Control programmes for high burden countries are tasked with charting effective multi-year strategies for malaria control within significant resource constraints. Synergies between different control tools, in which more than additive benefit accrues from interventions used together, are of interest because they may be used to obtain savings or to maximize health impact per expenditure. One commonly used intervention in sub-Saharan Africa is indoor residual spraying (IRS), typically deployed through a mass campaign. While possible synergies between IRS and long-lasting insecticide-treated nets (LLINs) have been investigated in multiple transmission settings, coordinated synergy between IRS and other mass medical distribution campaigns have not attracted much attention. Recently, a strong timing-dependent synergy between an IRS campaign and a mass drug administration (MDA) was theoretically quantified. These synergistic benefits likely differ across settings depending on transmission intensity and its overall seasonal pattern.
indoor residual spraying (IRS)
The best configuration of push–pull comprised transfluthrin-treated eave ribbons plus two traps, each at least 15 m from huts.
The prevalence of IRS and ITN interventions in 2013 did not reflect the Namibian government intervention targets.
Data generated by this study will strengthen the National Malaria Control Programme’s insecticide resistance management strategy to safeguard continued efficacy of IRS and other malaria control methods in Ethiopia.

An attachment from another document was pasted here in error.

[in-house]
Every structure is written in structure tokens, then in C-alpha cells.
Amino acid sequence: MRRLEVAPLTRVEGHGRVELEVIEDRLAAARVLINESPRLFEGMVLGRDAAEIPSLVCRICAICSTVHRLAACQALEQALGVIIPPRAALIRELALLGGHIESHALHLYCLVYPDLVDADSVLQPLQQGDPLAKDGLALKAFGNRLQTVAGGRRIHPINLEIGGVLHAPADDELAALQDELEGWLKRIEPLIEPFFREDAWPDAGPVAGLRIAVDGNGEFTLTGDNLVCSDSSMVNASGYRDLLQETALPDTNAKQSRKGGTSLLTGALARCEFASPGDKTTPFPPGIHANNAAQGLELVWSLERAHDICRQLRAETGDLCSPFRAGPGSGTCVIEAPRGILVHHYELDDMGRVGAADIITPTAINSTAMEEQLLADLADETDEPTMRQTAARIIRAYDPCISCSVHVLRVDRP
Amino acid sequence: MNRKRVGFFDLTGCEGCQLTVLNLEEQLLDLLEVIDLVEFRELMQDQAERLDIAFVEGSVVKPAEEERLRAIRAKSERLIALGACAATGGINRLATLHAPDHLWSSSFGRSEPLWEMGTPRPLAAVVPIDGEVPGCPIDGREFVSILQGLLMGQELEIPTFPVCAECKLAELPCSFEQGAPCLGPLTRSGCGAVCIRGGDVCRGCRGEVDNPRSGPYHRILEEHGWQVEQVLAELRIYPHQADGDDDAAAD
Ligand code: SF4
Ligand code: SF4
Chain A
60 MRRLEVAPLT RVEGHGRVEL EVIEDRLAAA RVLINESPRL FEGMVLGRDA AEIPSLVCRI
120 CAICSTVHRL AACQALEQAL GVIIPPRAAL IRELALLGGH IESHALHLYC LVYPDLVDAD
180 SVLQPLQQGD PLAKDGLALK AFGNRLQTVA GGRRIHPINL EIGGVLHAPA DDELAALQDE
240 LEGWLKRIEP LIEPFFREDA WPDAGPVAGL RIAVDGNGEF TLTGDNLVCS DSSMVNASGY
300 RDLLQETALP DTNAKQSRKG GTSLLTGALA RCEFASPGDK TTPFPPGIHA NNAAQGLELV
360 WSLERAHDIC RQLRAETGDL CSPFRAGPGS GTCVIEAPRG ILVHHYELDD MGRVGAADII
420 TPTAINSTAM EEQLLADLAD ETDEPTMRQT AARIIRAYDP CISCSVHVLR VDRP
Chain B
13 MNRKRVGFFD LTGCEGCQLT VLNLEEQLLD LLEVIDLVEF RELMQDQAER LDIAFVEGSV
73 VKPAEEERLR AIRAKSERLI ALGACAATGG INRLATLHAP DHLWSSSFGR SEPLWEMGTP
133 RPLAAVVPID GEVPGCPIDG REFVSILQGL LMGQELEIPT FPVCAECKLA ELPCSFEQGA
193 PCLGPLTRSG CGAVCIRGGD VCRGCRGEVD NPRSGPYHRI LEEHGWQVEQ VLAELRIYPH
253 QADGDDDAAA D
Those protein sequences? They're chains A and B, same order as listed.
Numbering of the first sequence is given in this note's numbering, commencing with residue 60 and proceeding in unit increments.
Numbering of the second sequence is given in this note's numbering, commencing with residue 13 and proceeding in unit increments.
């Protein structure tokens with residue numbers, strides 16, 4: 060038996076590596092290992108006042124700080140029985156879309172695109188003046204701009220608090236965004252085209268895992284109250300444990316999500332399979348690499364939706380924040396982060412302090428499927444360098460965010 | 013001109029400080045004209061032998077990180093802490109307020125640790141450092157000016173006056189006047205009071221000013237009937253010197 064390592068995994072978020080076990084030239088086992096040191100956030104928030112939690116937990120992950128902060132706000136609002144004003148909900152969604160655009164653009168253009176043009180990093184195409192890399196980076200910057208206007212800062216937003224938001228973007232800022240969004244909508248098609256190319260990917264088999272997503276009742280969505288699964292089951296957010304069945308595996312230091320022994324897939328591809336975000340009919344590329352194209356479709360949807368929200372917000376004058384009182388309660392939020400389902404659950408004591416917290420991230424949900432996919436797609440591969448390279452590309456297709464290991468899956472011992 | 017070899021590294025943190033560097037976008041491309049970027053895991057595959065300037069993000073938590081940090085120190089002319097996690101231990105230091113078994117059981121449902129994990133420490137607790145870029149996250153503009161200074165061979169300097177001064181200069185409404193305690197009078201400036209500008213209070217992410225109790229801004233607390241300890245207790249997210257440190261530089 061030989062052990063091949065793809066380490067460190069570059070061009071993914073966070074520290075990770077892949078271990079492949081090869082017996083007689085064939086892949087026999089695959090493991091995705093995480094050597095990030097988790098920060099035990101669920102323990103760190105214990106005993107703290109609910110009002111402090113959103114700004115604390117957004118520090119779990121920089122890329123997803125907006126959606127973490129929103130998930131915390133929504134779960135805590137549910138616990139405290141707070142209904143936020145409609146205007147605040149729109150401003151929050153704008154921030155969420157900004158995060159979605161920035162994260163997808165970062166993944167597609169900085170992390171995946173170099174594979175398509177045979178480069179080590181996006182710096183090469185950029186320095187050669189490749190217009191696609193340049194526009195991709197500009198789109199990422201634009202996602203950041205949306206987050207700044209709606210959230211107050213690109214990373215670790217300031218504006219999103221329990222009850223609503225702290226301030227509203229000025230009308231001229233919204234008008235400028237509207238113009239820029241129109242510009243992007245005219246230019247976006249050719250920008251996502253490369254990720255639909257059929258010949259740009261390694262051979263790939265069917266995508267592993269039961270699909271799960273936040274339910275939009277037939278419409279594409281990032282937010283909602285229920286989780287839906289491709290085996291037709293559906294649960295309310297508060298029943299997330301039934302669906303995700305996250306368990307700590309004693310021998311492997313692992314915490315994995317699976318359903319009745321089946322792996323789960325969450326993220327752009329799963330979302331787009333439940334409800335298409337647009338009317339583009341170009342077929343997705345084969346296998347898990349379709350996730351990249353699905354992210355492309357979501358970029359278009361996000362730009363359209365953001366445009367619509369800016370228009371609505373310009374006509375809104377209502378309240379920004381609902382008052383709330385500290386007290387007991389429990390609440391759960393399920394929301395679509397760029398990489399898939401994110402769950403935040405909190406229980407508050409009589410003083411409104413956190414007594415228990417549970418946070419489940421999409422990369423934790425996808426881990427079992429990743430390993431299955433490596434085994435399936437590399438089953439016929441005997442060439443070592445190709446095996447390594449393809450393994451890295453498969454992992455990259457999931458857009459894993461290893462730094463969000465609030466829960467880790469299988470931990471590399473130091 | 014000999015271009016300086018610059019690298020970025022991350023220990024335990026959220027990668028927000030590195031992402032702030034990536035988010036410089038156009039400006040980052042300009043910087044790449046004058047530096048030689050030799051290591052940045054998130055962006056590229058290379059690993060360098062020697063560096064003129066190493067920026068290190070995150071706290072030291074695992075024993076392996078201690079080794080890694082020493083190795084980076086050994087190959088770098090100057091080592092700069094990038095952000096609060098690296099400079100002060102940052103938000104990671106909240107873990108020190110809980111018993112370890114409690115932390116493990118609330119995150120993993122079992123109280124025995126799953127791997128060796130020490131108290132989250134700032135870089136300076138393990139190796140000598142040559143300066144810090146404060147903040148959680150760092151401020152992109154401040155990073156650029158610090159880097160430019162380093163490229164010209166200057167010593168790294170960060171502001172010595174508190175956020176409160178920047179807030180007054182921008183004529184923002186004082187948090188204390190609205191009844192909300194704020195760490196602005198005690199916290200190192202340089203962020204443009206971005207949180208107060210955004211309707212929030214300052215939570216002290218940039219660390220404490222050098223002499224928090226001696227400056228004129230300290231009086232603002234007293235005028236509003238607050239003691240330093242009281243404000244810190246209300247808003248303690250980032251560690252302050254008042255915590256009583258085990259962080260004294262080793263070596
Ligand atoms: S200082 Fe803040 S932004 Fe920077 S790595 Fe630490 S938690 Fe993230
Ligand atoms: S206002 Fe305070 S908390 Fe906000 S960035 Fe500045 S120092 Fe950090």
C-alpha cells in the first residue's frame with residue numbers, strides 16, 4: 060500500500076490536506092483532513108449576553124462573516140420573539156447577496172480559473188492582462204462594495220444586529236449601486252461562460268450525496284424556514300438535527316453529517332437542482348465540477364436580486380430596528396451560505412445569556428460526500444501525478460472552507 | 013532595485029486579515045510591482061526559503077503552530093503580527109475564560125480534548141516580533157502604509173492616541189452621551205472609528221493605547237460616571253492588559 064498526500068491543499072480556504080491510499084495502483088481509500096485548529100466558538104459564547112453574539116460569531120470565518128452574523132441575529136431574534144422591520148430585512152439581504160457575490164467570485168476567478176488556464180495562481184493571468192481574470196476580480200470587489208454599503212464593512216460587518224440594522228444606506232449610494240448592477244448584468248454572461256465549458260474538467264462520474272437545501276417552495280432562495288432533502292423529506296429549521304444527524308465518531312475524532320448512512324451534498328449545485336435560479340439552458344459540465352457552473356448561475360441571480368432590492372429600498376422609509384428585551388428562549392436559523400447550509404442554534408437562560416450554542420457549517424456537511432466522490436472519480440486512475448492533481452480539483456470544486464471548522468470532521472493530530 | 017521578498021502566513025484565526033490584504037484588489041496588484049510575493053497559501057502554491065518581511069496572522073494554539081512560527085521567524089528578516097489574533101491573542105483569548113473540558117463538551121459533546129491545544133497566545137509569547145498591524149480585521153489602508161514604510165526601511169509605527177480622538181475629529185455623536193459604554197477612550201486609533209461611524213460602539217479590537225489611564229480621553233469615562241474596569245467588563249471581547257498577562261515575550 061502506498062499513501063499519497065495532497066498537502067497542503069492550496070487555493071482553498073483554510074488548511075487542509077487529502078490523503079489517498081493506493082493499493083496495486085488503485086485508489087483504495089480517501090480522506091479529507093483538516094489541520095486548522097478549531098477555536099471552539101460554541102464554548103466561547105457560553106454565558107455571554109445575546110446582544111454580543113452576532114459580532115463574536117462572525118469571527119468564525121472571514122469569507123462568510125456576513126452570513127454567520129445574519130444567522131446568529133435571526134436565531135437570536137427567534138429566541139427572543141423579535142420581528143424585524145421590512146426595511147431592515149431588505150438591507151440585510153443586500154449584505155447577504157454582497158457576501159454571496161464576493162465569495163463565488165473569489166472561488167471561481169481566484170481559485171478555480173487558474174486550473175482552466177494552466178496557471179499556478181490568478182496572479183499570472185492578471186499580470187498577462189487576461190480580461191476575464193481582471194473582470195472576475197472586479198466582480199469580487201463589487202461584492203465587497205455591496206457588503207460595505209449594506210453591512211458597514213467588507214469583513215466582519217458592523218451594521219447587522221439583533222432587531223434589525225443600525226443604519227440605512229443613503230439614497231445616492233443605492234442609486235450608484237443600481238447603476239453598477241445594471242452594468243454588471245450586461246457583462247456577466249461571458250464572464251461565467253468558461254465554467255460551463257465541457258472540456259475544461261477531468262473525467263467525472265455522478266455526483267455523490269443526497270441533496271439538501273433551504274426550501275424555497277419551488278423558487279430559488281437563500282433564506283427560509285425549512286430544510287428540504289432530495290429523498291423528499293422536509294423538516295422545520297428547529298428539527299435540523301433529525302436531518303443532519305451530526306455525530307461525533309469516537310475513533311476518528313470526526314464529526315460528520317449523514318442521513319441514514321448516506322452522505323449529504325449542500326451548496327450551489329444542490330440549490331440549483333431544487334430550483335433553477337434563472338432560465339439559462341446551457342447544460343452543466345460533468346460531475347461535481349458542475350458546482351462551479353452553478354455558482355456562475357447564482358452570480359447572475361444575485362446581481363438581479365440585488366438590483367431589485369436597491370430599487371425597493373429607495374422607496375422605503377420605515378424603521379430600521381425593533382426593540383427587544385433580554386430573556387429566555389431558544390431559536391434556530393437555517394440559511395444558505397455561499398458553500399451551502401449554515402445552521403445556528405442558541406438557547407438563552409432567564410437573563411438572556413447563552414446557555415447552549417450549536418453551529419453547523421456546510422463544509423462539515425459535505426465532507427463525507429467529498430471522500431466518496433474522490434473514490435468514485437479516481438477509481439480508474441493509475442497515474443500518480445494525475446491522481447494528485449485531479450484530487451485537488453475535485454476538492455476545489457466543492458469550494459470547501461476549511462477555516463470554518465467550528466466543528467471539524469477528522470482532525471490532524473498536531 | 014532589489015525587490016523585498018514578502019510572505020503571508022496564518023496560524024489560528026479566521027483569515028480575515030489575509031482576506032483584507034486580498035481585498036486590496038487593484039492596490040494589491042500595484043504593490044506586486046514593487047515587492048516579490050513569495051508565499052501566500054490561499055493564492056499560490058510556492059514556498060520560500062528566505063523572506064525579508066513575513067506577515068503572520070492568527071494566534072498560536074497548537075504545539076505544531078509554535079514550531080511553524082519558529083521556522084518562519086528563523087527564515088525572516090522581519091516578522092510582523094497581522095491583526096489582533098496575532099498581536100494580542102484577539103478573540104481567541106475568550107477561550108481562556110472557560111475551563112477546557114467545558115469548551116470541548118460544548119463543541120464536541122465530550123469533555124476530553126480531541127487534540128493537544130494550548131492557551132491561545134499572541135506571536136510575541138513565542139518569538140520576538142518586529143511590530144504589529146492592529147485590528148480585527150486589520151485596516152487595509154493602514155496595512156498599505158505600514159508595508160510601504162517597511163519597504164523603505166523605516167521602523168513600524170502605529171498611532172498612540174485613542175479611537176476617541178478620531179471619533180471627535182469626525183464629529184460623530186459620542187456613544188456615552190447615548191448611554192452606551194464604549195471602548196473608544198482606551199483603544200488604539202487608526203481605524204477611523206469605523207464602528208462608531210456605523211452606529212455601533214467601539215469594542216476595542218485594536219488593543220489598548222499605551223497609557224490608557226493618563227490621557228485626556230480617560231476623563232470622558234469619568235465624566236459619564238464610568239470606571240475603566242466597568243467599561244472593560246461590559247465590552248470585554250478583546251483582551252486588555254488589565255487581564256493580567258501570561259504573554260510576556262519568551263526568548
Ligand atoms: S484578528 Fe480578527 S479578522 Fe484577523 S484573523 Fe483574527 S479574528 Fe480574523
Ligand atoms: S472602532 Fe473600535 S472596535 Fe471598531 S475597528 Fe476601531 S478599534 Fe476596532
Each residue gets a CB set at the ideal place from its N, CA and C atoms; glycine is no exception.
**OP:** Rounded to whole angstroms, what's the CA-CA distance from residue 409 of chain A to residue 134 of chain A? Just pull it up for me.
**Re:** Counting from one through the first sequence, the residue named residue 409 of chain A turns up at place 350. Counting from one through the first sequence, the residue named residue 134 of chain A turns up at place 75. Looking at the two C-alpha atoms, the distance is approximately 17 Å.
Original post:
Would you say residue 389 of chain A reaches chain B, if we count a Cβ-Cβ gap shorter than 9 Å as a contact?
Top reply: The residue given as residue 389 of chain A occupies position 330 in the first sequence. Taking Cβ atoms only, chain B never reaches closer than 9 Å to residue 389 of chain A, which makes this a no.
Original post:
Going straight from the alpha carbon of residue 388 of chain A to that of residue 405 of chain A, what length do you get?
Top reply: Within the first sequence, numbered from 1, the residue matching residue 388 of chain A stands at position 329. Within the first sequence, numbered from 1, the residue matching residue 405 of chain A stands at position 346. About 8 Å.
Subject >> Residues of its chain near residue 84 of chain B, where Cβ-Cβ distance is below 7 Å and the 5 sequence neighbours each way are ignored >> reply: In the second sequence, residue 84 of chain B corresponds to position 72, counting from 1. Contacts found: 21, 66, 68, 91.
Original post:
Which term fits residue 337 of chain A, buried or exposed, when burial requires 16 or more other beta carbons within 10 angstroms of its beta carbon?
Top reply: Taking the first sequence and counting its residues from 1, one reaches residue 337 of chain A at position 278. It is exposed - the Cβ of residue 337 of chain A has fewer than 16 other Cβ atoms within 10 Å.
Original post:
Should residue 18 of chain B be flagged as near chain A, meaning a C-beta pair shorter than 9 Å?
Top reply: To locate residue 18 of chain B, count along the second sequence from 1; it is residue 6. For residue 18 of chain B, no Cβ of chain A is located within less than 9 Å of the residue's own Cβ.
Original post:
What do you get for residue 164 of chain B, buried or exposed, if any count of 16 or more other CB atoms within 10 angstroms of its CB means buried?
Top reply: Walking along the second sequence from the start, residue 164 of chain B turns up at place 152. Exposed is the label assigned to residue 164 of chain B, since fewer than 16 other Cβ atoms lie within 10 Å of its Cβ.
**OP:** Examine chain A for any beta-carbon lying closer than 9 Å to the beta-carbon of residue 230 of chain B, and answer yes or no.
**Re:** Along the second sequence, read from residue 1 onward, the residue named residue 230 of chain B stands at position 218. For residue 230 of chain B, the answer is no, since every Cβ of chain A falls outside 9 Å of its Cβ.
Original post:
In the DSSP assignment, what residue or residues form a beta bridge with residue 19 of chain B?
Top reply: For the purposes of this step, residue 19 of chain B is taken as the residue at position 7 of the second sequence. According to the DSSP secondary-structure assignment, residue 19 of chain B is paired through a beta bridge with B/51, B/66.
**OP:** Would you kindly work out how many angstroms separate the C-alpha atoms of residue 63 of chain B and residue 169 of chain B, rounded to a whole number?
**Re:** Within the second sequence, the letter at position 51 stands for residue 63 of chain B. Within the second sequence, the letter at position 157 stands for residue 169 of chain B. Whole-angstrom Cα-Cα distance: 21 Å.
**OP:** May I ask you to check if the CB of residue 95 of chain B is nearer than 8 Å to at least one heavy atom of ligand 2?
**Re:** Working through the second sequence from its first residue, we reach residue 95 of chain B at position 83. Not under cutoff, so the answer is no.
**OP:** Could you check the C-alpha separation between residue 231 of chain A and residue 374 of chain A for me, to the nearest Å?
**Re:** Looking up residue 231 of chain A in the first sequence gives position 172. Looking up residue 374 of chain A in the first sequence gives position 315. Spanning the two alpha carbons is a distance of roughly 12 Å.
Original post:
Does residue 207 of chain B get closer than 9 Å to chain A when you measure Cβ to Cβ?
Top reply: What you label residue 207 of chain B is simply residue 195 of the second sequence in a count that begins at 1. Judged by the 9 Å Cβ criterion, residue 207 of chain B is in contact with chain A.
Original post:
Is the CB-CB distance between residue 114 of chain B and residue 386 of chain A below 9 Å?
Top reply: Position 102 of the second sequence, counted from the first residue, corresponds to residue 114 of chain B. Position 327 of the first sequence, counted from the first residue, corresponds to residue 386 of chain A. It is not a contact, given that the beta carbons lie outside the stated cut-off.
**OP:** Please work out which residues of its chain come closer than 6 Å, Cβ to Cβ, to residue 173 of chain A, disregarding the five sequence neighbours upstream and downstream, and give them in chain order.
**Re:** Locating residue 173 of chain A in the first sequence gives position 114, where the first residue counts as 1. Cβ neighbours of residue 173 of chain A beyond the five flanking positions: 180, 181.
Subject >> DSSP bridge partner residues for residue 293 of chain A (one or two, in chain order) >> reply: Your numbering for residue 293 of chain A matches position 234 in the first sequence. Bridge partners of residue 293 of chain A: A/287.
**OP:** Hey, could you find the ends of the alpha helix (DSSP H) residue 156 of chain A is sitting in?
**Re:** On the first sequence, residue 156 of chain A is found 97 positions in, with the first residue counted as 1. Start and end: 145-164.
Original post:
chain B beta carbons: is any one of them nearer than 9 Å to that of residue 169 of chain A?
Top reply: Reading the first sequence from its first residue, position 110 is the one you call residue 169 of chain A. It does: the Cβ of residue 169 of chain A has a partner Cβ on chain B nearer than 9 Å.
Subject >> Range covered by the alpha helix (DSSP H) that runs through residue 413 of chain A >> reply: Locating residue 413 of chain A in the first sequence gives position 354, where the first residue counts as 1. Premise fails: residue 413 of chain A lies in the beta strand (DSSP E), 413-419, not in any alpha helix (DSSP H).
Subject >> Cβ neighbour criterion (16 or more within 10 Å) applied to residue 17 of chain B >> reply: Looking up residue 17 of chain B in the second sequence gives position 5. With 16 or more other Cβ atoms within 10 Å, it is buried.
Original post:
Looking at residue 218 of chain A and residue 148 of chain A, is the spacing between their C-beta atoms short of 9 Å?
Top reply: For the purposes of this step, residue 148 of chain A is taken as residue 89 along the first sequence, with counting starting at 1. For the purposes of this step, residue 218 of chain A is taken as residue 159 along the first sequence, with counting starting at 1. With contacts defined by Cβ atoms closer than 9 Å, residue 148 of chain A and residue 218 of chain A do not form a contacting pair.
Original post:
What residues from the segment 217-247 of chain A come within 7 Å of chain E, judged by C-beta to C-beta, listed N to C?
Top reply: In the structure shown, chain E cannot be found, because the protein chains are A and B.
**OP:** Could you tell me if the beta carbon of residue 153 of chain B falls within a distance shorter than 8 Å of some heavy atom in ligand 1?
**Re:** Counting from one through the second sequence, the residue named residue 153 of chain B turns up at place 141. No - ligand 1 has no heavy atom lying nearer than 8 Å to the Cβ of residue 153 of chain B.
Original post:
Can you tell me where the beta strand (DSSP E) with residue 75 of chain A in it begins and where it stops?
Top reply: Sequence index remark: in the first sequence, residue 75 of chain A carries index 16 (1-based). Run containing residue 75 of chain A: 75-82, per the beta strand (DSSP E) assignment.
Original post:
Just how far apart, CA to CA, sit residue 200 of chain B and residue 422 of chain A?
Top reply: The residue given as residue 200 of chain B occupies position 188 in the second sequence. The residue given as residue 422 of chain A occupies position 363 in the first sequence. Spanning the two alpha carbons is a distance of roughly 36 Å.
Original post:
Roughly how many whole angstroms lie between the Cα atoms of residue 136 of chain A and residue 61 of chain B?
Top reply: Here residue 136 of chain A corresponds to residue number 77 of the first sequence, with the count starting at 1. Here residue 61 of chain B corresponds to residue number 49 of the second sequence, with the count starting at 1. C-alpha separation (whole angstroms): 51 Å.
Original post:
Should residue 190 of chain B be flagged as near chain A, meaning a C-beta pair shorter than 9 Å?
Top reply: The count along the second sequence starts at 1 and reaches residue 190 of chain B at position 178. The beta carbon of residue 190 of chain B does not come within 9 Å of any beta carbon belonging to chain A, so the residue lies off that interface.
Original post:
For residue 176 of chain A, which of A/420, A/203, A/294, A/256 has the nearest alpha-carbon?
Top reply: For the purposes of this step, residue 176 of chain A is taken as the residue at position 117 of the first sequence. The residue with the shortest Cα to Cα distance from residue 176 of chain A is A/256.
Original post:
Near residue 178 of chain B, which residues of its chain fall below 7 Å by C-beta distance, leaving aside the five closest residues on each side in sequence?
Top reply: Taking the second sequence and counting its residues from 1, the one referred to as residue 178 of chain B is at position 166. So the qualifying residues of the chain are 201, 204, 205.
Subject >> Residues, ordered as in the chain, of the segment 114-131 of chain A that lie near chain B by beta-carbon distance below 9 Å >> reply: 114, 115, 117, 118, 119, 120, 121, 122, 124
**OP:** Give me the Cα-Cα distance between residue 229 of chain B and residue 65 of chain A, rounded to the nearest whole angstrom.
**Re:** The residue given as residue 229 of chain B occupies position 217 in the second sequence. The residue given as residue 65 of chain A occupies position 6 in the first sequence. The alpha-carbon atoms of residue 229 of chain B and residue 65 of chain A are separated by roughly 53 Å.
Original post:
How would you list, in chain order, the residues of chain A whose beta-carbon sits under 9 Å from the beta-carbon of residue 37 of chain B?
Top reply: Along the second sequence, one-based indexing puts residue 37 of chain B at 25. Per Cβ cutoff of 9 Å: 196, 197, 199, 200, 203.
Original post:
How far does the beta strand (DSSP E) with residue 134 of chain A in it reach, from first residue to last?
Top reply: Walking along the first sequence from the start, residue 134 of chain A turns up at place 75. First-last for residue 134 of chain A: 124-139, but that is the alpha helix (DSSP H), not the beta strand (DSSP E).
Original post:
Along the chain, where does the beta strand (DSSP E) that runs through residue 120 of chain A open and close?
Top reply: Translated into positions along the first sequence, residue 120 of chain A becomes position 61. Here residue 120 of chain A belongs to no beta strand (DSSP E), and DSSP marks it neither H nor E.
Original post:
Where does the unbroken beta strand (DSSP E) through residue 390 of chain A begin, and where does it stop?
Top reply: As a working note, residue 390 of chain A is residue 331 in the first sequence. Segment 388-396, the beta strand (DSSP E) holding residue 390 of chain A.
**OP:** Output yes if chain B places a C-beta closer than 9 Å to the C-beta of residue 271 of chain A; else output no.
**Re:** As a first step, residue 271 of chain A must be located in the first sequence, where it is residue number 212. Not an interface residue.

By taking the evolutionary aspect into account, the model was able to show that the long-term use of ITNs, although representing an undisputed success in reducing malaria incidence and mortality in many affected areas, is not free of undesirable side effects.
Substantial reductions in malaria morbidity and mortality can be made by optimal targeting of investments to the right malaria interventions in the right areas.
The use of chlorfenapyr and alpha-cypermethrin together as a mixture on nets (Interceptor® G2 LN) or a combined chlorfenapyr IRS and pyrethroid LN intervention provides improved control of pyrethroid-resistant malaria vectors by inducing significantly higher levels of mortality through the chlorfenapyr component and providing personal protection through the pyrethroid component.
While long-lasting insecticidal nets (LLINs) and indoor residual spraying (IRS) are the cornerstones of malaria vector control throughout sub-Saharan Africa, there is an urgent need for the development of novel insecticide delivery mechanisms to sustain and consolidate gains in disease reduction and to transition towards malaria elimination and eradication.
Despite high mortality in bioassays, the hut trial produced only limited mortality which was attributed to pyrethroid resistance against the pyrethroid ITWL and low efficacy in the non-pyrethroid ITWL.
The results are suggestive of bendiocarb being more effective at preventing malaria on Bioko although evidence for this was weak.